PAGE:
On immigration, Boehner harps back to trust in Obama

BY Quinn Bowman  April 29, 2014 at 6:45 PM EDT
U.S. Speaker of the House Rep. John Boehner, R-Ohio, speaks during his weekly news conference on March 26, 2014. Photo by Alex Wong/Getty Images

U.S. Speaker of the House Rep. John Boehner, R-Ohio, speaks during his weekly news conference on March 26, 2014. Photo by Alex Wong/Getty Images

House Speaker John Boehner made headlines last week when he mocked his colleagues for not wanting to take a difficult vote on immigration reform. With Congress back in session this week, he had a chance to put that genie back in the bottle, as one Republican put it.

He turned to a familiar foil: President Obama

“I wanted to make sure the members understood the biggest impediment we have in moving immigration reform is that the American people don’t trust the president to enforce or implement the law that we may or may not pass,” Boehner said Tuesday after meeting with House Republicans.

Louisiana Rep. John Fleming said the speaker told Republicans the same thing in their meeting.

“He actually doubled down today on our existing position, which is not to move forward until the president gets right with this,” Fleming said.

Fleming added that Boehner told the conference he would not consider the comprehensive Senate-passed immigration bill, a position long held by Boehner. He had previously left the door open to a piecemeal approach, but then shut that down earlier this year when he said his conference couldn’t “trust” the president.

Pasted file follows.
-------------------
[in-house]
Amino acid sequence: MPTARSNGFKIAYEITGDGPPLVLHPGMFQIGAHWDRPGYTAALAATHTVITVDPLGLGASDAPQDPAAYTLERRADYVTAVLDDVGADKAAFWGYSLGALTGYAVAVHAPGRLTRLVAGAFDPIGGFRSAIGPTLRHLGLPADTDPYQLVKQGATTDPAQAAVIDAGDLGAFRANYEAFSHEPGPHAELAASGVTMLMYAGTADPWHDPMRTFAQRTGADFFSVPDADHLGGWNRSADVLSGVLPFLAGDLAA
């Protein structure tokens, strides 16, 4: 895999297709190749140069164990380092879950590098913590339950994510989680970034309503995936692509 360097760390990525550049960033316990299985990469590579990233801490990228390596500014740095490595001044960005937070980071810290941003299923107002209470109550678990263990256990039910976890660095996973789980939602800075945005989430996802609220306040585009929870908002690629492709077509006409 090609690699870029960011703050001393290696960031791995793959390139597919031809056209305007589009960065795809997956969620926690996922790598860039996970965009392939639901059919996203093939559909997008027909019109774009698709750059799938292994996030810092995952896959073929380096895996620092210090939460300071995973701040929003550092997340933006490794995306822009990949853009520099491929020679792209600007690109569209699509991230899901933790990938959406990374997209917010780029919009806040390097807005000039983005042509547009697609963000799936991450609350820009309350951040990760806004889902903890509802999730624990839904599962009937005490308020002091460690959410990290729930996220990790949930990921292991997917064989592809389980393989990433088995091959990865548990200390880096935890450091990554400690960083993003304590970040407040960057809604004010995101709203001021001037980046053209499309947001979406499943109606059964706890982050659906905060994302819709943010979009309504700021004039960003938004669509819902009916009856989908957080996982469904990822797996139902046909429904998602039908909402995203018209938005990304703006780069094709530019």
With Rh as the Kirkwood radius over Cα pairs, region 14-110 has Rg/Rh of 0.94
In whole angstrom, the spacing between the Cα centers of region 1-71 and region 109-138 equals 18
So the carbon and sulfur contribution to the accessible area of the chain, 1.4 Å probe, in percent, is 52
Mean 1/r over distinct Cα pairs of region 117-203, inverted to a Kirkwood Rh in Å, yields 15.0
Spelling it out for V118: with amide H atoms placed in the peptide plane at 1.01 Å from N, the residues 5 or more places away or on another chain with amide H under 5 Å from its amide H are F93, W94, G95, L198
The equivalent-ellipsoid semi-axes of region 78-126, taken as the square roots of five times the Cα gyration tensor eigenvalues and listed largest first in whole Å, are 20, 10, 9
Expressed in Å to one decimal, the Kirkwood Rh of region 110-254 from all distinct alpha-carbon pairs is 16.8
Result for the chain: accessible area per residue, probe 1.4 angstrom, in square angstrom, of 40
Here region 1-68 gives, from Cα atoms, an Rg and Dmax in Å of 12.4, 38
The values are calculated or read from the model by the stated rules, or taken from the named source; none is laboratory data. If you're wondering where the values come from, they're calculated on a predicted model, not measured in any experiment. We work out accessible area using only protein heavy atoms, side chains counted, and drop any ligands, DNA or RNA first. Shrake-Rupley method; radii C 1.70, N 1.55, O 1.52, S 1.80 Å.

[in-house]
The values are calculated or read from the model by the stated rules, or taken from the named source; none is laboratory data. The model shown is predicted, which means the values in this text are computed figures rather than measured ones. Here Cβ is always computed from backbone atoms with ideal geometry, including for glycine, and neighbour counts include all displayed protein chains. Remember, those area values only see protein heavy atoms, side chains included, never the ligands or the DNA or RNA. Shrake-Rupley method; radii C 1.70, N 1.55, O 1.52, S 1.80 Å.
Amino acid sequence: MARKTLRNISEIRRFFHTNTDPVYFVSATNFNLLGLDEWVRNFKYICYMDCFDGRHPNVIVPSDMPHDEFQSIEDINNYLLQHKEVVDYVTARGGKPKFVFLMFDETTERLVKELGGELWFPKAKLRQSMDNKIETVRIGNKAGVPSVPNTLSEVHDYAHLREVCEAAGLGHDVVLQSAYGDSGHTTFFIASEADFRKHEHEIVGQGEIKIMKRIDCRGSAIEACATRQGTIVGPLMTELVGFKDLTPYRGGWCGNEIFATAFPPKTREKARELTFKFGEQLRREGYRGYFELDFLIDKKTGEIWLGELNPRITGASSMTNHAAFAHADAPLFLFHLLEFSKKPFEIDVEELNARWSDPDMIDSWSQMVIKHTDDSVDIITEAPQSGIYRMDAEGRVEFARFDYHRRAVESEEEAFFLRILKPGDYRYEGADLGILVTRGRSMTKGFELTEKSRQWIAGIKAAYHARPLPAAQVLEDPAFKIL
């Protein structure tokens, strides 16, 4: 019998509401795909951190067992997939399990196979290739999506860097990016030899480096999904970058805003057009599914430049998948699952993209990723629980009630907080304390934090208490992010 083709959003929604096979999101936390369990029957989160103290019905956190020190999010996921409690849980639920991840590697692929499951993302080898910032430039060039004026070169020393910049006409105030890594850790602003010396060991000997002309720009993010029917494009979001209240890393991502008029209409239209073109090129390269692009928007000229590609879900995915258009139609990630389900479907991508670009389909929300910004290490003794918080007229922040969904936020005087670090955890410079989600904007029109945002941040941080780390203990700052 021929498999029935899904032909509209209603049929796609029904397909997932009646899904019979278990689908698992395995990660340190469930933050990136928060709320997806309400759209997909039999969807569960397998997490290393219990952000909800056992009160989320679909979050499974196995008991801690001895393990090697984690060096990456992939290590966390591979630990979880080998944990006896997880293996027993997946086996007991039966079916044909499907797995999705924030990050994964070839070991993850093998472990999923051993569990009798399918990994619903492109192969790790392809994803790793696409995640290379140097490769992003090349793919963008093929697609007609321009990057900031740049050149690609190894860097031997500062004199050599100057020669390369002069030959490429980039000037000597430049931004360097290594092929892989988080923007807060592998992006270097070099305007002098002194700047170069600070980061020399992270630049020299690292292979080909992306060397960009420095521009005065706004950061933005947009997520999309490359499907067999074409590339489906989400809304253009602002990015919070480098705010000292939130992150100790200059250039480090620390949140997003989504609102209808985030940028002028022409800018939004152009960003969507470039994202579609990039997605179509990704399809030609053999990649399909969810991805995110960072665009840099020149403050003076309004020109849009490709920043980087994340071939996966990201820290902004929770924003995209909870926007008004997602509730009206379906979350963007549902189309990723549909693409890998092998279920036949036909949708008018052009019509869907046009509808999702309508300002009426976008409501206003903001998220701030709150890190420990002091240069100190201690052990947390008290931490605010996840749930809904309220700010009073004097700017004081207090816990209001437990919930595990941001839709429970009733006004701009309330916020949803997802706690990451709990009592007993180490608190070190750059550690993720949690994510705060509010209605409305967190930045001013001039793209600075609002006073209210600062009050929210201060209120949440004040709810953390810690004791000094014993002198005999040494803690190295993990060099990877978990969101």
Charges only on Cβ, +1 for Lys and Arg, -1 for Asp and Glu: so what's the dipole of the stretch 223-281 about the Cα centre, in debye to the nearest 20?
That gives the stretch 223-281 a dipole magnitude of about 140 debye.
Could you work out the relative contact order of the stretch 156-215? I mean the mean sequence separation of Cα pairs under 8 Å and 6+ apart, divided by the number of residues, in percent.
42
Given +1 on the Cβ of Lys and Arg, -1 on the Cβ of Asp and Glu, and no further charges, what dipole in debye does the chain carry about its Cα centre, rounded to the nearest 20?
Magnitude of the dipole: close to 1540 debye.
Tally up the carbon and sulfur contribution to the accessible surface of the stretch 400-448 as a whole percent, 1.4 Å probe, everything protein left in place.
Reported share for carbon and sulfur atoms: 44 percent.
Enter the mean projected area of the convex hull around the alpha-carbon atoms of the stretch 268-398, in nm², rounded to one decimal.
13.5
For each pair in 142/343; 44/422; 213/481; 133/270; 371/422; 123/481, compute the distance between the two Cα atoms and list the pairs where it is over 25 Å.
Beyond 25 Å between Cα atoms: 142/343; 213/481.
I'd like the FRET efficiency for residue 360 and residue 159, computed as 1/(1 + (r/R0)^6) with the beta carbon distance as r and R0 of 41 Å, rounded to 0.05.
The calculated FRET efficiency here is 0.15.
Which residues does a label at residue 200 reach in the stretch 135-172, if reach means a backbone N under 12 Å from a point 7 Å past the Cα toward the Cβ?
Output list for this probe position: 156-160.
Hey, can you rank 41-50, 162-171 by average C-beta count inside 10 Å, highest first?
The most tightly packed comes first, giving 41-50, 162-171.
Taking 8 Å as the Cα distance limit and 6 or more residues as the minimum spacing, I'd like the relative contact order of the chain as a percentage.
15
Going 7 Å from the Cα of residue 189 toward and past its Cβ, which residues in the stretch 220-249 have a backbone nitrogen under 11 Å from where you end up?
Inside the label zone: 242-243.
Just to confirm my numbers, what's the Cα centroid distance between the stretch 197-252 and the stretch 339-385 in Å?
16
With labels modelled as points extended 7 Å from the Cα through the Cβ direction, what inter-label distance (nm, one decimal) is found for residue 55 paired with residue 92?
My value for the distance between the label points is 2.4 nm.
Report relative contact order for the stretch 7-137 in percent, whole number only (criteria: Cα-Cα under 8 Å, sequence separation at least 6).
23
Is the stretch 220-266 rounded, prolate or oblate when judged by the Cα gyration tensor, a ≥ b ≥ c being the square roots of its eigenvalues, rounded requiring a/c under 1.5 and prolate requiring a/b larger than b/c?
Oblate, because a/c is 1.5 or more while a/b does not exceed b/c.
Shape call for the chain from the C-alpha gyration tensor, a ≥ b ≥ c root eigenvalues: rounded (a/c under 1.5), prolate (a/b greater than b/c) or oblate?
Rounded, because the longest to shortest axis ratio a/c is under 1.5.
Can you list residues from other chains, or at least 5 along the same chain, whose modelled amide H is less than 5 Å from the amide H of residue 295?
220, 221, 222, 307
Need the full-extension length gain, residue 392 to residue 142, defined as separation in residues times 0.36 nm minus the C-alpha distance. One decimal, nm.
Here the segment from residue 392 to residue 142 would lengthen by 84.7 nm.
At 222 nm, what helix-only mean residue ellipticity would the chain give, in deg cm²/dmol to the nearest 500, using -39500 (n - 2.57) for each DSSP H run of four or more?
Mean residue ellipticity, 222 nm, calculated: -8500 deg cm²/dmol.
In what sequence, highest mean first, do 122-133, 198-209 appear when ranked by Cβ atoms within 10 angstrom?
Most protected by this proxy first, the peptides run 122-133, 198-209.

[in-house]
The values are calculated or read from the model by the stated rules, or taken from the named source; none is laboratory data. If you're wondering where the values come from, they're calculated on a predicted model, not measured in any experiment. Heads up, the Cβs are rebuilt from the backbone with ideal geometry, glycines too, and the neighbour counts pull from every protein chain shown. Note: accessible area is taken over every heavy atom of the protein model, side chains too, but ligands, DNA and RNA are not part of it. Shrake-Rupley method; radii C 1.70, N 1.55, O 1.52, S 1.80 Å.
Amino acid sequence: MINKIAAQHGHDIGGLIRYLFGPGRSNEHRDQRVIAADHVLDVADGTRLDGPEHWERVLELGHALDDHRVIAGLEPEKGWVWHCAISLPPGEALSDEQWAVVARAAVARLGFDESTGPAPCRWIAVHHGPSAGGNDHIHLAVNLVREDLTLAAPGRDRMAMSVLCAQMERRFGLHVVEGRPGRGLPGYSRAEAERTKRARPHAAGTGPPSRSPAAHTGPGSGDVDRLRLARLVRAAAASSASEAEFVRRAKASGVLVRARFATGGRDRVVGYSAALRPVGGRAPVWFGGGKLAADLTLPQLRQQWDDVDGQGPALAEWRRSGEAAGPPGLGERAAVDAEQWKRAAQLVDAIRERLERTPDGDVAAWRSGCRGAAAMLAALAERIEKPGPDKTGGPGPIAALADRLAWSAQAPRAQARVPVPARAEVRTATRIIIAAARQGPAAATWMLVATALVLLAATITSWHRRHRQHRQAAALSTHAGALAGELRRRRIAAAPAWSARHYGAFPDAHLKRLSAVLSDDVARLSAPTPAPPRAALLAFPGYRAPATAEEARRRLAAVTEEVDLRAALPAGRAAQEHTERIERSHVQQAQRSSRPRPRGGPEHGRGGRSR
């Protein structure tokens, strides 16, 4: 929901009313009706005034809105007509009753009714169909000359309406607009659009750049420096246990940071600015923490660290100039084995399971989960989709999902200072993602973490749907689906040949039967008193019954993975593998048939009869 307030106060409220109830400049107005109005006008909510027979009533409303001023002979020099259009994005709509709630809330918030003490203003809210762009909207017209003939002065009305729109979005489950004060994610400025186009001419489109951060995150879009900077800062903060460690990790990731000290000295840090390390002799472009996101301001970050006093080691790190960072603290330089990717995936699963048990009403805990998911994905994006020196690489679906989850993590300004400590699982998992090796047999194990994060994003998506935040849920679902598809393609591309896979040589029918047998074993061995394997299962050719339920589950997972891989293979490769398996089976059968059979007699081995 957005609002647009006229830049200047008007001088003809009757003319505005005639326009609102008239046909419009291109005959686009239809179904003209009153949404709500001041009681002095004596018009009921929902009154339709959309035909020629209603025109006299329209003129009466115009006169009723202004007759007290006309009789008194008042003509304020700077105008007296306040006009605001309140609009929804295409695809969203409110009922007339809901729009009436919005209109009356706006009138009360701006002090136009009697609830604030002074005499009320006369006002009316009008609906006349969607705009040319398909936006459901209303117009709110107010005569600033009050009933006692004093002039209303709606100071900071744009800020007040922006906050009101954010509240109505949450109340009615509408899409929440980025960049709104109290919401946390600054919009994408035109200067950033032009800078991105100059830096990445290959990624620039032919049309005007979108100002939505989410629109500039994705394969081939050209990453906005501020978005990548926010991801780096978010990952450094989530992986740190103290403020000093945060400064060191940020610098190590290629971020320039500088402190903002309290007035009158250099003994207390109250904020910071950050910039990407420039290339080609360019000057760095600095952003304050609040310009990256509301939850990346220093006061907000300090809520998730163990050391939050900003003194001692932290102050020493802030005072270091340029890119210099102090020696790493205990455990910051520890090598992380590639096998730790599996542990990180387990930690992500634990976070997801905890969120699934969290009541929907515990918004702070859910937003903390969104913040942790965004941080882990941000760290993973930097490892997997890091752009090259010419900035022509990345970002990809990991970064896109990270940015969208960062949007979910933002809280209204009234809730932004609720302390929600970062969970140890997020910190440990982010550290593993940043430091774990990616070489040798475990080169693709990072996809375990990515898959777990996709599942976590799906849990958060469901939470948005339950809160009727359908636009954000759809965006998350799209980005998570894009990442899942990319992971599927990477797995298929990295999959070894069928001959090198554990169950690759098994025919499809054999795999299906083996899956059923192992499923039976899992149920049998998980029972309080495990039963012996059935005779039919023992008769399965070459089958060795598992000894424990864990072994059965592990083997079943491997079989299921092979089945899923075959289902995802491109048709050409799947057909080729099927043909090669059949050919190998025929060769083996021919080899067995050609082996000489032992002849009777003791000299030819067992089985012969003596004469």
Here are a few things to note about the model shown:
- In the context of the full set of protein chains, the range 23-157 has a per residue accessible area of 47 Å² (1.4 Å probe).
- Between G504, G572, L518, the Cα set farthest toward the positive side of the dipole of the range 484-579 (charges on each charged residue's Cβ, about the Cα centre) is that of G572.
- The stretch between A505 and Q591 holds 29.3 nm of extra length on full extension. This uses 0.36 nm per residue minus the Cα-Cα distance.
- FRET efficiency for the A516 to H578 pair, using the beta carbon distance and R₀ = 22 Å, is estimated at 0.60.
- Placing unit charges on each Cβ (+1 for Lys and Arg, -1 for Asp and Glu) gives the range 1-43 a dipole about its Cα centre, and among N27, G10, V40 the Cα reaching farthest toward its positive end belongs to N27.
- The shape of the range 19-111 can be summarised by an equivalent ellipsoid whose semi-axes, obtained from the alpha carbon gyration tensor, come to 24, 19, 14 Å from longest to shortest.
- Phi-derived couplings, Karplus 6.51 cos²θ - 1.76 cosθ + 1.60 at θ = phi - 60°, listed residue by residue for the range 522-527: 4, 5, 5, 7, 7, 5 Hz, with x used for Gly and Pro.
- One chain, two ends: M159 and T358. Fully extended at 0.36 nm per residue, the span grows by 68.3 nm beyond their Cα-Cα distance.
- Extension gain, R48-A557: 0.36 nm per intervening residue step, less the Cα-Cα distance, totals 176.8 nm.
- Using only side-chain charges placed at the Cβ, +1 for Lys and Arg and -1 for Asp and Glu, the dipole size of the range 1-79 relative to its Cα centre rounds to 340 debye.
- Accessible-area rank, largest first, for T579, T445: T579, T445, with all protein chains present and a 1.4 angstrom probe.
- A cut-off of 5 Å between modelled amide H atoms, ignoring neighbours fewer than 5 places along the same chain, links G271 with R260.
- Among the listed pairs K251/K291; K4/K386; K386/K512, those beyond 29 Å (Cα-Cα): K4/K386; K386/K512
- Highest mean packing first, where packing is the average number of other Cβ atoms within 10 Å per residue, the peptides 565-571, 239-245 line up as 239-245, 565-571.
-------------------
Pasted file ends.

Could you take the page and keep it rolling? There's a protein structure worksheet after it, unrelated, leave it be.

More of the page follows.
His comments in Ohio seemed to indicate that at least a piecemeal approach could be back on the table. But the developments Tuesday don’t bode well for the prospect of anything getting done on immigration before the midterm elections.

There are a few House Republicans, like Rep. Mario Diaz-Balart of Florida, who continue to push for a vote, as are many Democrats. And 250 evangelical pastors made the rounds on Capitol Hill Tuesday calling for a vote as well.

“Are we going to move forward with trying to fix it, or are we going to pretend, because it is a difficult issue, that we don’t have to do anything about it? And I think most people want to fix it.” Diaz-Balart said.

It isn’t clear exactly what President Obama can do to gain the trust of House Republicans. Asked by the NewsHour if immigration reform might be more likely with a different person in the Oval Office, Fleming replied, “Yes.”